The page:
Focus: Jesus is the bread of life.
Function: that the hearers would ask the right questions, to get right answers.
Questions, questions questions. Does anyone have any questions? One of my undergraduate professors, Kermit Radcliffe, would start every lecture that same way. Because, he taught, “The Bible” a class where you had to read through vast swaths of scripture and come to class for discussion. He said, “The more you read the Bible, the more questions you’re gonna have.”
Today and for the next three weeks, we will be jumping from the gospel of Mark to the Gospel of John. From the feeding of the five thousand and the calming of the storm as Jesus walks on the water, we’re on the far side of the sea of Galilee where the same crowd that Jesus just had compassion on has pursued Jesus across the lake, and here Jesus has an extended dialog with them. We study together the questions of the crowd, then from the Jews, and finally from the disciples. Today, we look at three questions that the crowd asked Jesus, and how (if at all) Jesus answered them.
But first, let me tell you of one of the manliest things I’ve ever done. I dry-walled a room in my house. You see, when the house was first built almost a hundred years ago, the style was nail strips of wood between joists and then cover that wood with plaster. Over the years… the plaster, coming apart, would separate from the lathe, and our trustees had done their faithful job of patching up cracked plaster. But, as the years lengthened, the problems got worse and the cracks that had been spackled would crack again until I have a two foot crack in my wall that’s held apart by the weight of the spackle. And the only solution was to take out the plaster and to re-dry wall the room… Here’s the point of the story: now the spackle makes it worse and the problem needed to be taken down to its core.
Question #1 from the crowd: When did you get here? The crowds, breathless from scooting across the lake they look a little bit like the guy who’s waiting for a girl. You know, he’s waiting in the same spot at the same time every day, just so that he can “casually” bump into her and ask her, “Oh, hi, do you come here often.” You can see the crowd huffing and puffing, and then casually coming up to Jesus and saying, “Oh Hi, Jesus how’s it going today?”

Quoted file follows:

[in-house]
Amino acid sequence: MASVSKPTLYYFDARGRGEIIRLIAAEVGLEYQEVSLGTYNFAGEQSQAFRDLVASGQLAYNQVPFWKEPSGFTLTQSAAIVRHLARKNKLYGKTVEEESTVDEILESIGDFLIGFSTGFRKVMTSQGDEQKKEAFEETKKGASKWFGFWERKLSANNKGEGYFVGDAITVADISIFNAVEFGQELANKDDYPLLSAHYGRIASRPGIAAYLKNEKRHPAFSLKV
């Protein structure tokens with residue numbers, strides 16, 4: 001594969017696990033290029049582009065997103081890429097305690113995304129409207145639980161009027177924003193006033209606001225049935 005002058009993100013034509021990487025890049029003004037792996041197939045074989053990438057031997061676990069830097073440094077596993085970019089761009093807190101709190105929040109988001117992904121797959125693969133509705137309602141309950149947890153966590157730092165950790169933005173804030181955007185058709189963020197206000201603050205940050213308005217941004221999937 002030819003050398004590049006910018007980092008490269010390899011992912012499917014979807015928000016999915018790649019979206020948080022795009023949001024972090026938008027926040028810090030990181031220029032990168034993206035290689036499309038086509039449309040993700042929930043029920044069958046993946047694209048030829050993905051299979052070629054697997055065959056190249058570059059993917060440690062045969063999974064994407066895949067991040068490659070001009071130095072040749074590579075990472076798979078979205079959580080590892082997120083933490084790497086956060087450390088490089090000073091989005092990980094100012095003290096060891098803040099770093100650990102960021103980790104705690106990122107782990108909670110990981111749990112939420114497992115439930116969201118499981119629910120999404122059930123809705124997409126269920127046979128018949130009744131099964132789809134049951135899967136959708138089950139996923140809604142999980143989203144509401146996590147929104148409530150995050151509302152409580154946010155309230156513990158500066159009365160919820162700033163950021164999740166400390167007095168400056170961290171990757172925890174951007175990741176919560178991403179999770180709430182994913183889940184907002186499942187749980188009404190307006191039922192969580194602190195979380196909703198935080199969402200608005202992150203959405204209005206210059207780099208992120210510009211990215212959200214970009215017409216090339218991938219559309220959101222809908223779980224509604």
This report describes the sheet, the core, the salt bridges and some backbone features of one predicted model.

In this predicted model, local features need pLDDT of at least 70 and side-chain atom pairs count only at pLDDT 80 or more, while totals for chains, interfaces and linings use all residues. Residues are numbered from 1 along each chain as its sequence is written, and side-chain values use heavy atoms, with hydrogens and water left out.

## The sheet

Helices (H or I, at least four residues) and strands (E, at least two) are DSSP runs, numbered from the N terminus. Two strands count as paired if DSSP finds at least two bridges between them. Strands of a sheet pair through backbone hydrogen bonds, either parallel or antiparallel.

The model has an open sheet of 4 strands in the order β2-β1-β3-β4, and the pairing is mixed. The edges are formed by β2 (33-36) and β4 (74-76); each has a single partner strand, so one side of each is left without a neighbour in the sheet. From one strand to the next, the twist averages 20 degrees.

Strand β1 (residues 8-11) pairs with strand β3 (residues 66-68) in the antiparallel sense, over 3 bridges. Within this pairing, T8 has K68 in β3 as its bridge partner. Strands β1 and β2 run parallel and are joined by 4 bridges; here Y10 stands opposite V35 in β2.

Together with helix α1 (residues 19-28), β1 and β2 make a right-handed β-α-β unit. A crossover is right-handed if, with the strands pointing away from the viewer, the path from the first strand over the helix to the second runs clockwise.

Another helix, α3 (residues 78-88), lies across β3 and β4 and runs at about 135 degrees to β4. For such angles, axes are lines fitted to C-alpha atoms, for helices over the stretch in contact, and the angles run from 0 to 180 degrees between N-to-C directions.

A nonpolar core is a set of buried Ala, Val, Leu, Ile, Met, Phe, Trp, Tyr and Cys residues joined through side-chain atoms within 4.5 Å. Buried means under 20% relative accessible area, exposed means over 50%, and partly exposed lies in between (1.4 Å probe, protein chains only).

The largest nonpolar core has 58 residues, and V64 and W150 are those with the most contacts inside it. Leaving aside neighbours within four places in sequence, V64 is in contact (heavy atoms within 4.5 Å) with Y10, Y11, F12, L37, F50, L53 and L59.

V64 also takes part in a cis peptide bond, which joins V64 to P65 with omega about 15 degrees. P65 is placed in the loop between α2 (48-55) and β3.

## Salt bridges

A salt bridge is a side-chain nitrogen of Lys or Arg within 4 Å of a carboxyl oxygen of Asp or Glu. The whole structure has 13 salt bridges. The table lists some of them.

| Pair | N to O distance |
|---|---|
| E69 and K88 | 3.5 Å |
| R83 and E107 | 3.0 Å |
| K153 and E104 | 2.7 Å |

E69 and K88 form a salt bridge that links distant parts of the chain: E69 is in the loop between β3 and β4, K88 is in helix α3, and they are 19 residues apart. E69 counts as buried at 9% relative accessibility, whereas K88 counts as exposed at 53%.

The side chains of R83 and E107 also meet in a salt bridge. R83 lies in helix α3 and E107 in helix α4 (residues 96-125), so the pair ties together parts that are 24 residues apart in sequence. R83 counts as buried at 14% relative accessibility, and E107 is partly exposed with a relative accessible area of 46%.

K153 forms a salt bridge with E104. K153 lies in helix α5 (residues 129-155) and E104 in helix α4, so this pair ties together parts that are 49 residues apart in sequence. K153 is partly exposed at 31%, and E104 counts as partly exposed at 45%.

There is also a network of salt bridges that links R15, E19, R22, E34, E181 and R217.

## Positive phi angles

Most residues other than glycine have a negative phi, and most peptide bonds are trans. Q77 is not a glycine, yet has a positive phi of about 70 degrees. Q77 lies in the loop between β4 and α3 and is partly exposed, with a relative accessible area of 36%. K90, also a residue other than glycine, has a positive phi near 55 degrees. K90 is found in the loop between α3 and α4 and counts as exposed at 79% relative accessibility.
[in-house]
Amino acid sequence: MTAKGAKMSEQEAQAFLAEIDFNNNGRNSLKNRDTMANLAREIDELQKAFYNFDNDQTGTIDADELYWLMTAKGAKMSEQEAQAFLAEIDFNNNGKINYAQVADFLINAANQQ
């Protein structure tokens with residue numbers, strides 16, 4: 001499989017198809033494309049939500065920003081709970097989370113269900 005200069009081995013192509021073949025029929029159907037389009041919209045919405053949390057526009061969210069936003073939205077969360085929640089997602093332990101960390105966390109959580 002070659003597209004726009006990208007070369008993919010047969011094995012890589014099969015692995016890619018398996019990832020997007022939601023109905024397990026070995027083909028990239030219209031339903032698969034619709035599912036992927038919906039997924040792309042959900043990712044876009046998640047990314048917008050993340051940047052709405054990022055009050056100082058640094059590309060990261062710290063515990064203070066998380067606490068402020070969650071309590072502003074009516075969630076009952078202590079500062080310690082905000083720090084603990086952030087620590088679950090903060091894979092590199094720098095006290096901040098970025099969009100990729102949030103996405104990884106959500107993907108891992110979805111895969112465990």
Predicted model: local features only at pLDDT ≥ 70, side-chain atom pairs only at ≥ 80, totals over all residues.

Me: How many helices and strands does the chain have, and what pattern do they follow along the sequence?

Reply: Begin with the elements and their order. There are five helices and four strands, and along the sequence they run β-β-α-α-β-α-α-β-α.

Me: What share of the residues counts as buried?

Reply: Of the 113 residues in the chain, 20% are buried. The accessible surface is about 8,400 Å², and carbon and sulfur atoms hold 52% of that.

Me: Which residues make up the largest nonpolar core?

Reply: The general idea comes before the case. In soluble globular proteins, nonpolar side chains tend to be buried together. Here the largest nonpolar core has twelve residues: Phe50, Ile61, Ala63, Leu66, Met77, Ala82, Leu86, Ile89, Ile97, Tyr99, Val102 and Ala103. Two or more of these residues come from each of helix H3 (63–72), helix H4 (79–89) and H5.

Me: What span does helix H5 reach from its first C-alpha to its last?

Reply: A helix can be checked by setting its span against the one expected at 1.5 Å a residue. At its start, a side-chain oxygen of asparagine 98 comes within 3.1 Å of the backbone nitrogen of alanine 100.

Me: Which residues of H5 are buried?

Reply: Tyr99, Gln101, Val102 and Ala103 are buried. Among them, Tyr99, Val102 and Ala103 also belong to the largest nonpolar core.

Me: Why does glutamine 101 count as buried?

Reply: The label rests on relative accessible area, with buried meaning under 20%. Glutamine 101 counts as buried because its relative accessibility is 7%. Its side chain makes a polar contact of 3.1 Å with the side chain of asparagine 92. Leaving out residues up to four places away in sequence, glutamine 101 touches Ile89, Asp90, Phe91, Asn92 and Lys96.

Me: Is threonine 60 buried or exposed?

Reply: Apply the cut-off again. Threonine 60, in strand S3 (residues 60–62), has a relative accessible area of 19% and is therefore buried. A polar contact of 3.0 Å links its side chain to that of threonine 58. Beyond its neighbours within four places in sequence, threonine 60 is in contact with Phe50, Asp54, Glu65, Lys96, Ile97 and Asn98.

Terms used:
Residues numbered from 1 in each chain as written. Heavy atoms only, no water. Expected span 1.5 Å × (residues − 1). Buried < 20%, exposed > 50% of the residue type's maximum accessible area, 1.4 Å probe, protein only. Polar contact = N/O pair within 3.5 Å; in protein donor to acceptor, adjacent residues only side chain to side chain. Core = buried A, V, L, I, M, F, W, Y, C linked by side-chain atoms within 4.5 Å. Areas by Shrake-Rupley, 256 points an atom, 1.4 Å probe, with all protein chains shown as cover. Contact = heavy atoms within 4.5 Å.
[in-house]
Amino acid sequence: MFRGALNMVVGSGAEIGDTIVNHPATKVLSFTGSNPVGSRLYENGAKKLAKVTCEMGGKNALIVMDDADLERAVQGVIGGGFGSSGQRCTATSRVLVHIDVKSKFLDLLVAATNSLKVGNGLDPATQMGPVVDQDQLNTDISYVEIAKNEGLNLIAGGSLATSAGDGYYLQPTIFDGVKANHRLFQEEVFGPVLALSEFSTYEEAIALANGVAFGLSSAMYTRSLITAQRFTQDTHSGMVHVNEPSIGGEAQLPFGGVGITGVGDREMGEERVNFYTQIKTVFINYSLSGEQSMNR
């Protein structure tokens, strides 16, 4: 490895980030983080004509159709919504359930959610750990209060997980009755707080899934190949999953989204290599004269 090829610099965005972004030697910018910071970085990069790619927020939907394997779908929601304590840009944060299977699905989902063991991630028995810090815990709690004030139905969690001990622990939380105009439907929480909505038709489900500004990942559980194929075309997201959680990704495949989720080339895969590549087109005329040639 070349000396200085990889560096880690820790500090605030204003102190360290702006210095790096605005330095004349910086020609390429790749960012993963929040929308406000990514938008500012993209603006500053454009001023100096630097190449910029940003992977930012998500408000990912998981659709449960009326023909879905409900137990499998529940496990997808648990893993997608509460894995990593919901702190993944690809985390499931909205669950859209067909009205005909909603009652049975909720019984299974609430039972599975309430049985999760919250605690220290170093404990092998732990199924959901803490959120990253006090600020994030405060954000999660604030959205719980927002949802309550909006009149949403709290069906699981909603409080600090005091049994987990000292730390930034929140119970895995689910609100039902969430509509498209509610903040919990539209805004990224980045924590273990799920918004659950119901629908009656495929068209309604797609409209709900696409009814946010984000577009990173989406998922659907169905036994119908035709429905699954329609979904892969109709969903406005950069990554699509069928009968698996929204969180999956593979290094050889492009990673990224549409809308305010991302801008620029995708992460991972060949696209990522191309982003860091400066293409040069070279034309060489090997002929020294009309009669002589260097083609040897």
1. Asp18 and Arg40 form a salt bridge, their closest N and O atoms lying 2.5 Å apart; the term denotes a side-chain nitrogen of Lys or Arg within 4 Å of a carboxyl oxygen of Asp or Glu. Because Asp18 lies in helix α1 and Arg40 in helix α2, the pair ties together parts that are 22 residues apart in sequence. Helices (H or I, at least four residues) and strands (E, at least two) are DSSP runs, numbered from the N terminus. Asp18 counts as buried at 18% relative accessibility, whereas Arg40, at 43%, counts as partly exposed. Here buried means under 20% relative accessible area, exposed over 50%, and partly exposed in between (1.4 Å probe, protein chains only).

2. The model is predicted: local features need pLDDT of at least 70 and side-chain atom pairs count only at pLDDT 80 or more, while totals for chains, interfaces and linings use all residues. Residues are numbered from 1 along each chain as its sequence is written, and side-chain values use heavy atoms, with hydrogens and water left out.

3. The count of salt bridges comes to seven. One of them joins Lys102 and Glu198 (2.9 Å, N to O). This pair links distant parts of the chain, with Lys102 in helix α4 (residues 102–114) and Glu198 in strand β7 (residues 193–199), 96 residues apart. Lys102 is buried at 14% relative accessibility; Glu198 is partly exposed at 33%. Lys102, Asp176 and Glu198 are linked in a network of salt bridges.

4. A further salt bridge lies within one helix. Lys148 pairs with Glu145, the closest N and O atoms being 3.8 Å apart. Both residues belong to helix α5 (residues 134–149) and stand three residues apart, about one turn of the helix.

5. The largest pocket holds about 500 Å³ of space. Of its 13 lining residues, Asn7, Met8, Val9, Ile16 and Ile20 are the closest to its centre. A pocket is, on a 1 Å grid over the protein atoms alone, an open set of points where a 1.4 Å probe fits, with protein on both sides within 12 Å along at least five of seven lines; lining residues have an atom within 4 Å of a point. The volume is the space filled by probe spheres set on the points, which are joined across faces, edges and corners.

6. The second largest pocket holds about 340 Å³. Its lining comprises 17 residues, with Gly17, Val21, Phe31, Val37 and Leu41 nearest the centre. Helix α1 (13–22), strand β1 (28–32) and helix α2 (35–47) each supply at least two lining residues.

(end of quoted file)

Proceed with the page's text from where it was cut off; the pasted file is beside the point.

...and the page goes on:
Notice what Jesus says to them. He doesn’t answer their question; he answers the question they should have asked. As William Barclay writes, Jesus cuts through all the niceties, to get to the heart of their problem. He reveals to them their inner motivations. He says, “You are here, not even because I did a miracle, but just because you filled your bellies.” As John Piper would say, “You are fixated on the product, not the person.”
It’s like those who come to our church only to be married, like those who come to church only for baptisms, only for funeral service, only for the food shelf, only to rent this space. But it isn’t just for those out there. I find myself falling into this trap. It has been proven that meditation and prayer have positive physiological effects. It is well known that when you have a stable routine that includes quiet time in church that toddlers do their toddling better. It weekly improves my marriage for me to confess my sins publicly to someone other than my wife. Those are all good things, yes… But the real reason to go to church, to read your bible, to be a Christian, isn’t the bread we reap in this world, it isn’t the physiological,, psychological, social, or relational advice we reap, it is that we get to know our savior. … Jesus gives the right answers even when we ask the wrong questions. He says, “Work for food that endures. All the other stuff will perish. But the food that endures, the Son of man gives it to you from the Father.”
So then, we get to question #2. The crowd asks, What must we do? If we’re supposed to work, then what work are we supposed to do?
This question seems to come from a sincere place in the crowd’s heart. If this is true, then what do we do?!? It’s the same question of the Rich young ruler, to who Jesus said, and you remember, sell everything that you own and follow me, and the rich young ruler. It’s the same question that would burn in my heart as a college student when I heard sermons that touched my heart. Yeah, but what am I supposed to do? But first, notice that the only word from Jesus’ response they catch on to is “work.”